For many visitors to Fort Peck, the grand, mammoth concrete spillway (which is actually in McCone County) is the takeaway lesson of this nationally significant New Deal project. Photos in Life magazine made this place famous, and its modernist design was lauded not only in the United States but overseas as well. When he visited the construction site in 1934 President Franklin D. Roosevelt insisted: “people talk about the Fort Peck Dam as the fulfillment of a dream. It is only a small percentage of the whole dream covering all of the important watersheds of the Nation.”
Fort Peck Village, constructed for officials of the project, visitors, and workmen, is on a wholly different scale. One and two-story buildings, a general Arts and Crafts aesthetic with Colonial Revival buildings thrown in for good measure, curvilinear streets, open public spaces: an attempt in general to establish a 1930s suburb feeling among the key administration buildings of the project.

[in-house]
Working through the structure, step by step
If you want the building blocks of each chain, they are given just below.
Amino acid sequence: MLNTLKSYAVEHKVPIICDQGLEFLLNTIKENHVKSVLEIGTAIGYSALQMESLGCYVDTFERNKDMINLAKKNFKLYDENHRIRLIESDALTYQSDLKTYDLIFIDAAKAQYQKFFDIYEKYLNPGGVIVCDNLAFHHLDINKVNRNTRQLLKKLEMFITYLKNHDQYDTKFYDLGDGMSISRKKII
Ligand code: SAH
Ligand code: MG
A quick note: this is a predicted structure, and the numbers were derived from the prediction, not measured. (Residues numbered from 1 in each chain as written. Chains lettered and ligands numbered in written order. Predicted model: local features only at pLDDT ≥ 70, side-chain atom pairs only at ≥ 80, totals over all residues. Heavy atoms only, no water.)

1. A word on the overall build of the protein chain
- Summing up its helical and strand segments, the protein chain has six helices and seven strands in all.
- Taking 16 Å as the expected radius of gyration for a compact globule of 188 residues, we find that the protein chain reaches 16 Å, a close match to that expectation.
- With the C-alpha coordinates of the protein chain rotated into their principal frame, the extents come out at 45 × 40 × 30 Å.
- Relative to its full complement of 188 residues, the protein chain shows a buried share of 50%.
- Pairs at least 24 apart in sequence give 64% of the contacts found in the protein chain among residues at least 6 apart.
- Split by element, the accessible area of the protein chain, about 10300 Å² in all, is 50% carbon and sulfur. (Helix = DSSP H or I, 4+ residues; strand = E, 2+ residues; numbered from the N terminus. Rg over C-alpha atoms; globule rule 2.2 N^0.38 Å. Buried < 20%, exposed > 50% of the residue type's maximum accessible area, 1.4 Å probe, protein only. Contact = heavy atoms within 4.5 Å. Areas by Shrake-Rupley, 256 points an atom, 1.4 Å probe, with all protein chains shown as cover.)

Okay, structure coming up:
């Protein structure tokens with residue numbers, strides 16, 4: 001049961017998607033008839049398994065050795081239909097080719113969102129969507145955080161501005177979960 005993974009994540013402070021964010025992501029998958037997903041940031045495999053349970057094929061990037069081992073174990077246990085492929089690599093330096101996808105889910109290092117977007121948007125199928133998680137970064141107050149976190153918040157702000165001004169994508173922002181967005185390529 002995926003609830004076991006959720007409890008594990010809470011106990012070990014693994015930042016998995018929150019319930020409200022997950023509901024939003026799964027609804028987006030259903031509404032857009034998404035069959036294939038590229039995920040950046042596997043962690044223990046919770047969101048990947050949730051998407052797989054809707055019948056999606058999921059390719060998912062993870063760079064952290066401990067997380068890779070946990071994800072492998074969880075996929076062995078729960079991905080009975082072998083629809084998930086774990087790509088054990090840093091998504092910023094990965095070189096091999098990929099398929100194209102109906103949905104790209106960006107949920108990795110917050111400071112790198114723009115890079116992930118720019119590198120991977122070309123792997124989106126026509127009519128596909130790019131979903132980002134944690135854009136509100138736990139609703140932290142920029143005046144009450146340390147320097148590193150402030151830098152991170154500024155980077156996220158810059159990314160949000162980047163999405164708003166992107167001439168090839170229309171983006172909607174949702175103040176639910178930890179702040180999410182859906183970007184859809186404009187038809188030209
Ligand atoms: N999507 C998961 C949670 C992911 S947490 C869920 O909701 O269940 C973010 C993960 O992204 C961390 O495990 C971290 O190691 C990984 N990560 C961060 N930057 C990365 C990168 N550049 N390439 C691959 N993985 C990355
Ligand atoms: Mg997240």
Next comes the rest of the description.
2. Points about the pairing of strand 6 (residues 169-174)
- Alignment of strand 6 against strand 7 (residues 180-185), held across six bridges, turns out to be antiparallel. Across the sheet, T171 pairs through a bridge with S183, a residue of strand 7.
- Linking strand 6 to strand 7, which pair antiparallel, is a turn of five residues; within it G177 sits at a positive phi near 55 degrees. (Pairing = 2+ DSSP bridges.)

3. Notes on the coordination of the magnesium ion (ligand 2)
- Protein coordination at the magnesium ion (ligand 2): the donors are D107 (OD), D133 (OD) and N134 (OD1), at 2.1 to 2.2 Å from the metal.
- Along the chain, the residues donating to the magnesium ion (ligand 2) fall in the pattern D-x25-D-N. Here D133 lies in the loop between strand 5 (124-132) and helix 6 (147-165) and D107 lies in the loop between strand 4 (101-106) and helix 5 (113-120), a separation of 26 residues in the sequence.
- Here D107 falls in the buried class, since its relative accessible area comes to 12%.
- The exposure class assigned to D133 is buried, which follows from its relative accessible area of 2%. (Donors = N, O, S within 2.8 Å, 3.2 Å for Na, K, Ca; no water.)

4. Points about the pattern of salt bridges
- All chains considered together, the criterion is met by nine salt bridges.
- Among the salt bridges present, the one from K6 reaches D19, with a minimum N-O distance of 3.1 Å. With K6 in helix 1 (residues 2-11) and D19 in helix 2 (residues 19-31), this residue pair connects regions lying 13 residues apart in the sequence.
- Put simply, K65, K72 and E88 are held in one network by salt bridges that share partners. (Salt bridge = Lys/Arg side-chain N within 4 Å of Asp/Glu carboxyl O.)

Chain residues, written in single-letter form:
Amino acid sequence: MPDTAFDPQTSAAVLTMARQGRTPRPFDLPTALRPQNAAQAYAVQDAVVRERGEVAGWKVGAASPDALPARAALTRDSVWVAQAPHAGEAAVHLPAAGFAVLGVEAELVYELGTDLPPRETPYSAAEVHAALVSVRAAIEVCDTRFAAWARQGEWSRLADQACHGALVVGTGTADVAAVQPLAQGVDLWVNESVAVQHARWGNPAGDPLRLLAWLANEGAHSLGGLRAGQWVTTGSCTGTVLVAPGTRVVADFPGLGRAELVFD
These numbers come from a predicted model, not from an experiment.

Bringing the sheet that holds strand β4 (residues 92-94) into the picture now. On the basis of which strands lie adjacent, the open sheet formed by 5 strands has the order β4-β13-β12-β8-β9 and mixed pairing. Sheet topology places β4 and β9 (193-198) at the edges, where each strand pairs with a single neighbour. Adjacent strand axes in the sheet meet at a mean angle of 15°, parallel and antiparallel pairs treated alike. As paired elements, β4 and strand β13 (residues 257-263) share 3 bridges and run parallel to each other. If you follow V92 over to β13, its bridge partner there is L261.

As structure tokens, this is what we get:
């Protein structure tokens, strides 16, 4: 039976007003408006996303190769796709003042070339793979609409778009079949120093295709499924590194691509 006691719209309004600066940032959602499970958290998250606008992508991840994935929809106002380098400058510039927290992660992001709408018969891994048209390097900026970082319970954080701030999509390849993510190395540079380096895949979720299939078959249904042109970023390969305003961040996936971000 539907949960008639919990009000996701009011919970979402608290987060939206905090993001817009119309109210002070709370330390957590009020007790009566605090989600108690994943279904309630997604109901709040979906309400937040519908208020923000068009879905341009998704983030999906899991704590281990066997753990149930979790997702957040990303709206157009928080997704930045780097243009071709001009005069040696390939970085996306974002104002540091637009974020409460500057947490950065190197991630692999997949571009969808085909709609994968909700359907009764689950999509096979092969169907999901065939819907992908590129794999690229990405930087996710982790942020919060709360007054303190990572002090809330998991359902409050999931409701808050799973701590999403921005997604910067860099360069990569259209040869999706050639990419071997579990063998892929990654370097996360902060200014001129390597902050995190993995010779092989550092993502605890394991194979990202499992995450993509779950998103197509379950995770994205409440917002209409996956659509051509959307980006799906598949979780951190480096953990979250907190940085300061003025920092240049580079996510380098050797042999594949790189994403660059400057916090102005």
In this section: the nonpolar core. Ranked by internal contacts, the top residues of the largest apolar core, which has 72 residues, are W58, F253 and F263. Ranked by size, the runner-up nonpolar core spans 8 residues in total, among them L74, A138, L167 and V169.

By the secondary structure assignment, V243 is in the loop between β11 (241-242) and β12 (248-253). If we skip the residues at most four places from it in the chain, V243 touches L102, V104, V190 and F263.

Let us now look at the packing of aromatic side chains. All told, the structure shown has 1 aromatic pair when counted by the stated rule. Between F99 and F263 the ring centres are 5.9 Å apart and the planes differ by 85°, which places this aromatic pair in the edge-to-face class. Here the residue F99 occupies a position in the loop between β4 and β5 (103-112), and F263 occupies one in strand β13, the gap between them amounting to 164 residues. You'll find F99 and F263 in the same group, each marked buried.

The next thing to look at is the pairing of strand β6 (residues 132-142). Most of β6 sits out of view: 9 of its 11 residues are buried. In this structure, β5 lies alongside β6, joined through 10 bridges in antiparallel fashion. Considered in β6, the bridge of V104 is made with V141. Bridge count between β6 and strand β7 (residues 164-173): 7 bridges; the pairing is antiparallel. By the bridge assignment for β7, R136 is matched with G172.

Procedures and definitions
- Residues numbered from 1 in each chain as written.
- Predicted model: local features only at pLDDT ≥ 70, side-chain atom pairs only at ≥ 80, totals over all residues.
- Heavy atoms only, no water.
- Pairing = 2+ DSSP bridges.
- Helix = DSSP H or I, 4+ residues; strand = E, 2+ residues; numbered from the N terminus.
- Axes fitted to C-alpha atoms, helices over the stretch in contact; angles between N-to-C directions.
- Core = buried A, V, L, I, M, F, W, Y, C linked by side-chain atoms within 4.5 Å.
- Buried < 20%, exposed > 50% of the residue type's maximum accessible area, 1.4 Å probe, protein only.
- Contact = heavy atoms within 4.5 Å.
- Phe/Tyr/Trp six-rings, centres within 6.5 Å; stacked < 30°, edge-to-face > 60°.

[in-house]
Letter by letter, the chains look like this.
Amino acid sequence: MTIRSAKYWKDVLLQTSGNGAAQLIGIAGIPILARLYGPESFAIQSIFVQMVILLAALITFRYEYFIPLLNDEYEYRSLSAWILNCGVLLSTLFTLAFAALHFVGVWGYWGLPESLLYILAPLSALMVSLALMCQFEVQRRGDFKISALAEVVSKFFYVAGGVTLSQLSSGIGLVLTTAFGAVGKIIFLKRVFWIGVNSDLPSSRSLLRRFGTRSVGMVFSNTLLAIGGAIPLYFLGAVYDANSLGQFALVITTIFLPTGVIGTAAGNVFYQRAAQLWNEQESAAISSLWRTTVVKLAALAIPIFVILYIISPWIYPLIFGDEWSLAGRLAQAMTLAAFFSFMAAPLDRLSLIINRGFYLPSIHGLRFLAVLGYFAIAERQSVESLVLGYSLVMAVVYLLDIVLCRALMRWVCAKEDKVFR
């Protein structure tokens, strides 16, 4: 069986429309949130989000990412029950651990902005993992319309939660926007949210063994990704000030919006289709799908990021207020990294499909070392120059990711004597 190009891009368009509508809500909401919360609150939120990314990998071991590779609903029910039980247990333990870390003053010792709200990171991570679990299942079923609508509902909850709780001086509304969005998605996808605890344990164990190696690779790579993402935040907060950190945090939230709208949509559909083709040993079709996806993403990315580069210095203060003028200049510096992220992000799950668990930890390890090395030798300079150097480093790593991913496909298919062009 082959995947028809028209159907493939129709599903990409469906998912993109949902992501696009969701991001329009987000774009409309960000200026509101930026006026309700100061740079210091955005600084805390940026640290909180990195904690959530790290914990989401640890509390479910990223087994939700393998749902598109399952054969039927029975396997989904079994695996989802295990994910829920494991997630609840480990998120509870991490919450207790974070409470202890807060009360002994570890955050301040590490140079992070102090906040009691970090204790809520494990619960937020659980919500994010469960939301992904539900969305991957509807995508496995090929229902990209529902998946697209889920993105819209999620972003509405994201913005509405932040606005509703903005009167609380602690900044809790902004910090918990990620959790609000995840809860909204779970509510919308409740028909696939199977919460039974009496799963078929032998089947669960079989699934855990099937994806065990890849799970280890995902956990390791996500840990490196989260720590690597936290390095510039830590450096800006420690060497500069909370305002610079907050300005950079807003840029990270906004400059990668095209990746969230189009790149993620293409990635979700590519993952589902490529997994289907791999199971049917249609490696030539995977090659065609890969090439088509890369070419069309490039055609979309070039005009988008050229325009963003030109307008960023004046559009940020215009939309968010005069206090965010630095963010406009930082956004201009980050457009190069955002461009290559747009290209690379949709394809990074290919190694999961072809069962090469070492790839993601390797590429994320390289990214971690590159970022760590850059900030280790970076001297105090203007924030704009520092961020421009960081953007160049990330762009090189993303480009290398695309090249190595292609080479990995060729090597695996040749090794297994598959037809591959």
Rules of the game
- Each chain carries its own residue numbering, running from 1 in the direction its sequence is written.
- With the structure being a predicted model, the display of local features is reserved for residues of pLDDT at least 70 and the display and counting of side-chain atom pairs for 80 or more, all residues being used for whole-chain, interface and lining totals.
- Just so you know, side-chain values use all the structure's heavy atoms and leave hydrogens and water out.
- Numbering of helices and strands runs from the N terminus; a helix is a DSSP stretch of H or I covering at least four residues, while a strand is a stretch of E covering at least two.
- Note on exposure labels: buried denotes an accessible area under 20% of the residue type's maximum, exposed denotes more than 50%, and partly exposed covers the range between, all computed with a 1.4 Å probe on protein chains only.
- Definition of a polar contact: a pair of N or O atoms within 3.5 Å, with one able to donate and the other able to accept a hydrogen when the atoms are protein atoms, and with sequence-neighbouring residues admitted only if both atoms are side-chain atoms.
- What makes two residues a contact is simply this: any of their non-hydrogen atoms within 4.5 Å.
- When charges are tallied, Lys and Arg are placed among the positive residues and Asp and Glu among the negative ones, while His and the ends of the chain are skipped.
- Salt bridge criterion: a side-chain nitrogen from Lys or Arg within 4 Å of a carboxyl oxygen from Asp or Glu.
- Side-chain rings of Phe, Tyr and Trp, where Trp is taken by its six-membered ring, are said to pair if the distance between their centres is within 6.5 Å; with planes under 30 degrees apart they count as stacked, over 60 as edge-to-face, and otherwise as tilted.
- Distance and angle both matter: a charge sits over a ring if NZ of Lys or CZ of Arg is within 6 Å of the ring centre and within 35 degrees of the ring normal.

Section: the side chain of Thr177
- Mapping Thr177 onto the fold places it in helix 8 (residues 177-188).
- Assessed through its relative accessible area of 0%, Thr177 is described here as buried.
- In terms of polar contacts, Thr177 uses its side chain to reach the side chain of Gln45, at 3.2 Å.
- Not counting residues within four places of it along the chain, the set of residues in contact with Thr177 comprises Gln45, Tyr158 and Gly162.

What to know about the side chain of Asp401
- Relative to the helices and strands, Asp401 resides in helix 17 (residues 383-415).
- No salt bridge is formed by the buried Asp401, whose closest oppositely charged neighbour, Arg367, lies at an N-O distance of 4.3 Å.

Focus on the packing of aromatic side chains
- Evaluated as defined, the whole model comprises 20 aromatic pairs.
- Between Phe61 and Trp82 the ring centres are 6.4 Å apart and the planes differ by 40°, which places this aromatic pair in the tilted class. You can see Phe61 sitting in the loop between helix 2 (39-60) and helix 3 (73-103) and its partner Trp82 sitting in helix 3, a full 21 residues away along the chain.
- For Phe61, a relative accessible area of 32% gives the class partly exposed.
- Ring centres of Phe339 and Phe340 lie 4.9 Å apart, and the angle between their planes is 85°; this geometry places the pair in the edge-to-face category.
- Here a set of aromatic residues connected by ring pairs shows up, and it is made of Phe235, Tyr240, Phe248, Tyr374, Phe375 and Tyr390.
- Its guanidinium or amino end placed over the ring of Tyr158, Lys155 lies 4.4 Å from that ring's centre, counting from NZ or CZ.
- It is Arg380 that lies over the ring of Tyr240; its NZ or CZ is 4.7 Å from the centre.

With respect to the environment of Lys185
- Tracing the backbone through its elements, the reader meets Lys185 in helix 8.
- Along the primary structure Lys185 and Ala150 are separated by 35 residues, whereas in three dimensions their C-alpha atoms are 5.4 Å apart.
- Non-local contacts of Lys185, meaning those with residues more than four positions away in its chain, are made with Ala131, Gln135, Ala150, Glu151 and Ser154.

Historian Fred Quivik has written insightfully about the townsite, its development, and the changes it has experienced since, especially the expansion of the 1950s and the addition ranch-style houses and a contemporary-design school.
Fort Peck Village provided respite and recreation for administrators and workers. The village’s most impressive legacy–and one of the most important buildings of New Deal Montana, is the Fort Peck Theatre.
Nothing in Montana matches its Arts and Crafts-infused Swiss Chalet styling. Details abound on both the exterior as well as the interior.
In 1984 I marveled at the building. My colleagues at the Montana SHPO, especially Lon Johnson, had prepared me for it by sharing images and stories. But nothing quite matches being in the space, as then experiencing a stage show as I did in 2013.
The theatre, the town, and the colossi of the dam, reservoir, spillway, and powerhouses create a landscape like none other in the northern plains and one of the nation’s most powerful statements of the New Deal landscape.